In every city, there’s another city
In every city, there’s another city that visitors rarely see. But this other city isn’t just anywhere—it’s in Washington, D.C. The very city that is home to the capitol of the most powerful country in the world has an HIV/AIDS rate that is not only the nation’s highest, but rivals some African countries.
“The Other City” introduces us to the people who live in the shadow of the Capitol but remain almost invisible to the lawmakers and lobbyists who live there. It’s about politics and ideology, corruption and bureaucracy, and an epidemic that grew out of control while few people paid any attention or cared.
HIV/AIDS is wrapped in a thicket of American prejudices and discomfort about homosexuality, race, class, and drugs—all of which fuel opposition to life-saving programs like needle exchange. Federal denial of funding for clean syringe programs has created both a higher incidence of the disease and helped shift its demographic to one that is increasingly poor, black and Hispanic. And as the only city in the nation with no state government, Washington D.C. has suffered in a particularly cruel way from this lack of federal government support.
“The Other City” tells the stories of people who haven’t let lack of government assistance stop them, and have taken matters into their own hands. After contracting HIV from a boyfriend who didn’t disclose he was infected, Jose Ramirez devotes his life to promoting HIV awareness among Hispanic teens. While living with AIDS and fighting desperately to keep herself and her three young children from being thrown out of their home, J’Mia Edwards realizes she can play a role in helping others. A one-time addict now living with AIDS, Ron Daniels saves lives by providing clean needles and helping drug users receive treatment. And finally, the staff of the AIDS hospice Joseph’s House struggles to provide solace to terminal patients’ last days, to deal with their own sense of loss, and their constantly declining funding.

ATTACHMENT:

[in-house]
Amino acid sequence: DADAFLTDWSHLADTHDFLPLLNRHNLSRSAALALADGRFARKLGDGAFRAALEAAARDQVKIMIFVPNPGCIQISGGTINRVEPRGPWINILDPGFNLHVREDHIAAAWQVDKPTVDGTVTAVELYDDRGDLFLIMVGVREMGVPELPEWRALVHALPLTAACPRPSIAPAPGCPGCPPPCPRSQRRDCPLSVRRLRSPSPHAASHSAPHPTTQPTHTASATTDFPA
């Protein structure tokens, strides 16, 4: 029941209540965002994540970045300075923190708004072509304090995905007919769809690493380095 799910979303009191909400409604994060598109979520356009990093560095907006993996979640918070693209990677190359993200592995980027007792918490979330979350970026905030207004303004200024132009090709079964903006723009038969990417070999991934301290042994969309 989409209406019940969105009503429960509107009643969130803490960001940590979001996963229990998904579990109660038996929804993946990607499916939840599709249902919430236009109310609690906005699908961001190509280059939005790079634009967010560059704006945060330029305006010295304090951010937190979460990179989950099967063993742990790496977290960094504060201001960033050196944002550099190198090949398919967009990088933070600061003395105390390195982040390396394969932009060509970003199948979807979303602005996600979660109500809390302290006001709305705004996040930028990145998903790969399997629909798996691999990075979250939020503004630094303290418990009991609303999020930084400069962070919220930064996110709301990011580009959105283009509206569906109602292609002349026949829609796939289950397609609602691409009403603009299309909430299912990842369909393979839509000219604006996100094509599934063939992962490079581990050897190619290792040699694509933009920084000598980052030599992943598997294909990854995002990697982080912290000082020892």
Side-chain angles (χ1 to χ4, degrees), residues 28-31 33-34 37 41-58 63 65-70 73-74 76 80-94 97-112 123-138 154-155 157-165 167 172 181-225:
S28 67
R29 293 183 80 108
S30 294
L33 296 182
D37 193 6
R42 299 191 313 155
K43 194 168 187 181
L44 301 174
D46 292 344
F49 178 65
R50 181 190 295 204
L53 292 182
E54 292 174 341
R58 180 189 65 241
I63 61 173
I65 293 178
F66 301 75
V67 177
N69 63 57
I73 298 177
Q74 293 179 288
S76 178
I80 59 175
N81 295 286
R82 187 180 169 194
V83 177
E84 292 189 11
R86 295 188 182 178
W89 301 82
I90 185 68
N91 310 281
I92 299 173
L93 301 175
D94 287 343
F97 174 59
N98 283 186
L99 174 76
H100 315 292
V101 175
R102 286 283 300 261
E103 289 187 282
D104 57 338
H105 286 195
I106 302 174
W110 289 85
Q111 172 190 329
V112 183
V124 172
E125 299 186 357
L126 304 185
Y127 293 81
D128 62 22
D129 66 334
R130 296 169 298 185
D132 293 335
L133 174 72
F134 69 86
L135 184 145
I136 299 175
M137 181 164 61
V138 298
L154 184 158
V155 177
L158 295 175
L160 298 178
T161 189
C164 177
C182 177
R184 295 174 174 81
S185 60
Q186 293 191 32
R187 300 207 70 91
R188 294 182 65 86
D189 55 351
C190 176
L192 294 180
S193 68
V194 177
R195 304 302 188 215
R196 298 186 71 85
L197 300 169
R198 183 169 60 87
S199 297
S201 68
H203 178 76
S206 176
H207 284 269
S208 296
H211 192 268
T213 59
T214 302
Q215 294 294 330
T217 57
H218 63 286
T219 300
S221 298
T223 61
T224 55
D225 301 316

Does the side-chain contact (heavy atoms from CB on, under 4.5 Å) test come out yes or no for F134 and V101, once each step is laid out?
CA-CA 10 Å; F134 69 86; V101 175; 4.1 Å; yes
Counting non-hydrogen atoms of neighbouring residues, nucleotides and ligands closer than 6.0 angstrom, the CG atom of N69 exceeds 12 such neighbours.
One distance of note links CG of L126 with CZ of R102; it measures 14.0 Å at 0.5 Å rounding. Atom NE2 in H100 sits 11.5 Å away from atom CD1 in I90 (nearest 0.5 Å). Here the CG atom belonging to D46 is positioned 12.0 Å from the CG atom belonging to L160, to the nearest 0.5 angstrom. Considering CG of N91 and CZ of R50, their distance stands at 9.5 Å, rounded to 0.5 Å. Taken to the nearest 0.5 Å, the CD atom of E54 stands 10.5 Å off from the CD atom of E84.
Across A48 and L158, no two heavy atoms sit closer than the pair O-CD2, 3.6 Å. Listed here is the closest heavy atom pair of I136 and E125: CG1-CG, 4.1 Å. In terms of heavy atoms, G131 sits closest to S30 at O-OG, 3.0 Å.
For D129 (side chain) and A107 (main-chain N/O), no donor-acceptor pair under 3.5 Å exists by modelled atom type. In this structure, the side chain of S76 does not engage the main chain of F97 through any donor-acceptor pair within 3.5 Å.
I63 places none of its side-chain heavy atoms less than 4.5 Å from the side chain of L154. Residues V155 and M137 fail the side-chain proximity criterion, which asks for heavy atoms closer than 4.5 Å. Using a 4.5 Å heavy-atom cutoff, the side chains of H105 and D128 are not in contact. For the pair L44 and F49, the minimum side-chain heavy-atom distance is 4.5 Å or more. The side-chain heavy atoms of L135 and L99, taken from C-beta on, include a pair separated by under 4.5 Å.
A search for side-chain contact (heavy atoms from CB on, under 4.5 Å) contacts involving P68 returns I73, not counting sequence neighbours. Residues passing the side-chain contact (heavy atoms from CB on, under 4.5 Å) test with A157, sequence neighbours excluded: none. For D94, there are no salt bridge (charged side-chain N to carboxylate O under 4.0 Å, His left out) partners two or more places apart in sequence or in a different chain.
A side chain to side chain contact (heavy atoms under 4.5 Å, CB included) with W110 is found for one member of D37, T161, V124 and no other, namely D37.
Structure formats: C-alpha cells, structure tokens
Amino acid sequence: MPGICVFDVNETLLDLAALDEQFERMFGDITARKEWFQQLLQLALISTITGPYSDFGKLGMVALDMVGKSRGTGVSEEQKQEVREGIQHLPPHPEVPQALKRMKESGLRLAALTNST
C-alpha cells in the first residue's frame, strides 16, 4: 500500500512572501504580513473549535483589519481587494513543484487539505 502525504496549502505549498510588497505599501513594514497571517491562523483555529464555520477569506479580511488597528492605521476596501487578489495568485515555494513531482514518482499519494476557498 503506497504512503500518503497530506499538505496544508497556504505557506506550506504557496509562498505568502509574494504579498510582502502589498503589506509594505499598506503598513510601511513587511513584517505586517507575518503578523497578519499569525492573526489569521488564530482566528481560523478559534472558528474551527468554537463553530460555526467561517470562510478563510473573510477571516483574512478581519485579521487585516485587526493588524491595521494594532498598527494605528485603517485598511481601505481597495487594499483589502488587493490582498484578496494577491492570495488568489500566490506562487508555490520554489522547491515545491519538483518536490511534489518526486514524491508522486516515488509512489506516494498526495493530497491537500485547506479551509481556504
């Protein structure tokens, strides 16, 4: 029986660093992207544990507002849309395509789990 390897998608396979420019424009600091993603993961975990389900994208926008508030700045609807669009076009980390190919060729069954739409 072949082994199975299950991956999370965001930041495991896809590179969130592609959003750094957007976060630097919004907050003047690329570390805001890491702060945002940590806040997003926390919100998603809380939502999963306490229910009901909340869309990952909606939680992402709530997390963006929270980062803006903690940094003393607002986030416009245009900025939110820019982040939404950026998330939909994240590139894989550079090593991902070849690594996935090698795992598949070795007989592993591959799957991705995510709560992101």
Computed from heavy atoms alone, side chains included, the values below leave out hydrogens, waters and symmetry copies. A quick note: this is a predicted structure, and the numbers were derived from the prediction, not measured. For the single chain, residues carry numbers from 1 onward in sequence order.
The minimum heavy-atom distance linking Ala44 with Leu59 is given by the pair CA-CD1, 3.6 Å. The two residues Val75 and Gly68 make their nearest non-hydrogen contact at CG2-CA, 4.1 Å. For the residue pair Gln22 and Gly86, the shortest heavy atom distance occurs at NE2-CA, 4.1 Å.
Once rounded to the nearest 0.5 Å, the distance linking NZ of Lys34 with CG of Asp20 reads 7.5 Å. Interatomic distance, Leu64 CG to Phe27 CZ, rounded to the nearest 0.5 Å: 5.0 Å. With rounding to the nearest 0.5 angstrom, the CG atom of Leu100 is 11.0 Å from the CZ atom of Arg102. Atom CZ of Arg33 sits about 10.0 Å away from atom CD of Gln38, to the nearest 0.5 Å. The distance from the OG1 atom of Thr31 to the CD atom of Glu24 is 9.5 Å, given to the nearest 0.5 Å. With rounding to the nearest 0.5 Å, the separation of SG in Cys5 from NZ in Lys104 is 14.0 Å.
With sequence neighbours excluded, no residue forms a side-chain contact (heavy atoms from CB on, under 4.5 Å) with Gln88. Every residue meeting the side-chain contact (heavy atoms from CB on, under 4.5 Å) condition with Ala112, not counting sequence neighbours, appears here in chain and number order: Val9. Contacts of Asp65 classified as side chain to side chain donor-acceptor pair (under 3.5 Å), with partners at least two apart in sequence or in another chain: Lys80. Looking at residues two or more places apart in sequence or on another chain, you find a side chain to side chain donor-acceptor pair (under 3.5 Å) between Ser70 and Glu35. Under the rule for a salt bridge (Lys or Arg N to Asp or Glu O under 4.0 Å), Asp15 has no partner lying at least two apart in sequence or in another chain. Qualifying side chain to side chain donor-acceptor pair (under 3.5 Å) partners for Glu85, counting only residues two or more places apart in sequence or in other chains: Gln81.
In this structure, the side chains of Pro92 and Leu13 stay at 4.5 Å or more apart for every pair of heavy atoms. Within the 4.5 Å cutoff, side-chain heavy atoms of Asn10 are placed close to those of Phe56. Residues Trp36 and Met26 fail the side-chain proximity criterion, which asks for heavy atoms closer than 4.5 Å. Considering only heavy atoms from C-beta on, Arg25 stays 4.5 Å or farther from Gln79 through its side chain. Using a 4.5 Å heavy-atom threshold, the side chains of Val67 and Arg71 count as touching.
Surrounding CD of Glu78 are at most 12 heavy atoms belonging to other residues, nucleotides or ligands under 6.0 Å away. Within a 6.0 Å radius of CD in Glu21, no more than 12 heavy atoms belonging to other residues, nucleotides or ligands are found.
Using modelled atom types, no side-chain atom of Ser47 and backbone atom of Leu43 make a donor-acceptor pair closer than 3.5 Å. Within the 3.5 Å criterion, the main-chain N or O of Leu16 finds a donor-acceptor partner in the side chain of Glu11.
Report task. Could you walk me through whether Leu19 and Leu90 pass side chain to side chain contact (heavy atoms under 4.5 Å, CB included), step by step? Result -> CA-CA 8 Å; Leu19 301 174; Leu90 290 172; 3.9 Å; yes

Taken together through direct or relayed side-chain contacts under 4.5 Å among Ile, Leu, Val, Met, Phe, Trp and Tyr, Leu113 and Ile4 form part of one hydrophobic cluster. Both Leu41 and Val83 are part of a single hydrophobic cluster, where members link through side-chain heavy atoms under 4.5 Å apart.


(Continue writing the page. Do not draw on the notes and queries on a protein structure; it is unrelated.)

For these activists, remedies can’t be found within the confines of an office or a regular schedule: for some the work encompasses round-the-clock care-giving, and for others a never-ending trek through the squalid drug dens and clandestine park trails where people engage in risky behavior. Informal HIV/AIDS organizations are set up wherever people can congregate to share experiences and offer mutual support. Still, without financial support, large-scale progress is beyond the scope of these endeavors. In this environment, forward movement means providing comfort for the afflicted and saving as many lives as possible.
"THE OTHER CITY” is a tribute to ordinary people struggling to live their lives in dignity, to the compassionate ones who lessen their pain, and to those who stand up to fight the spread of HIV/AIDS every day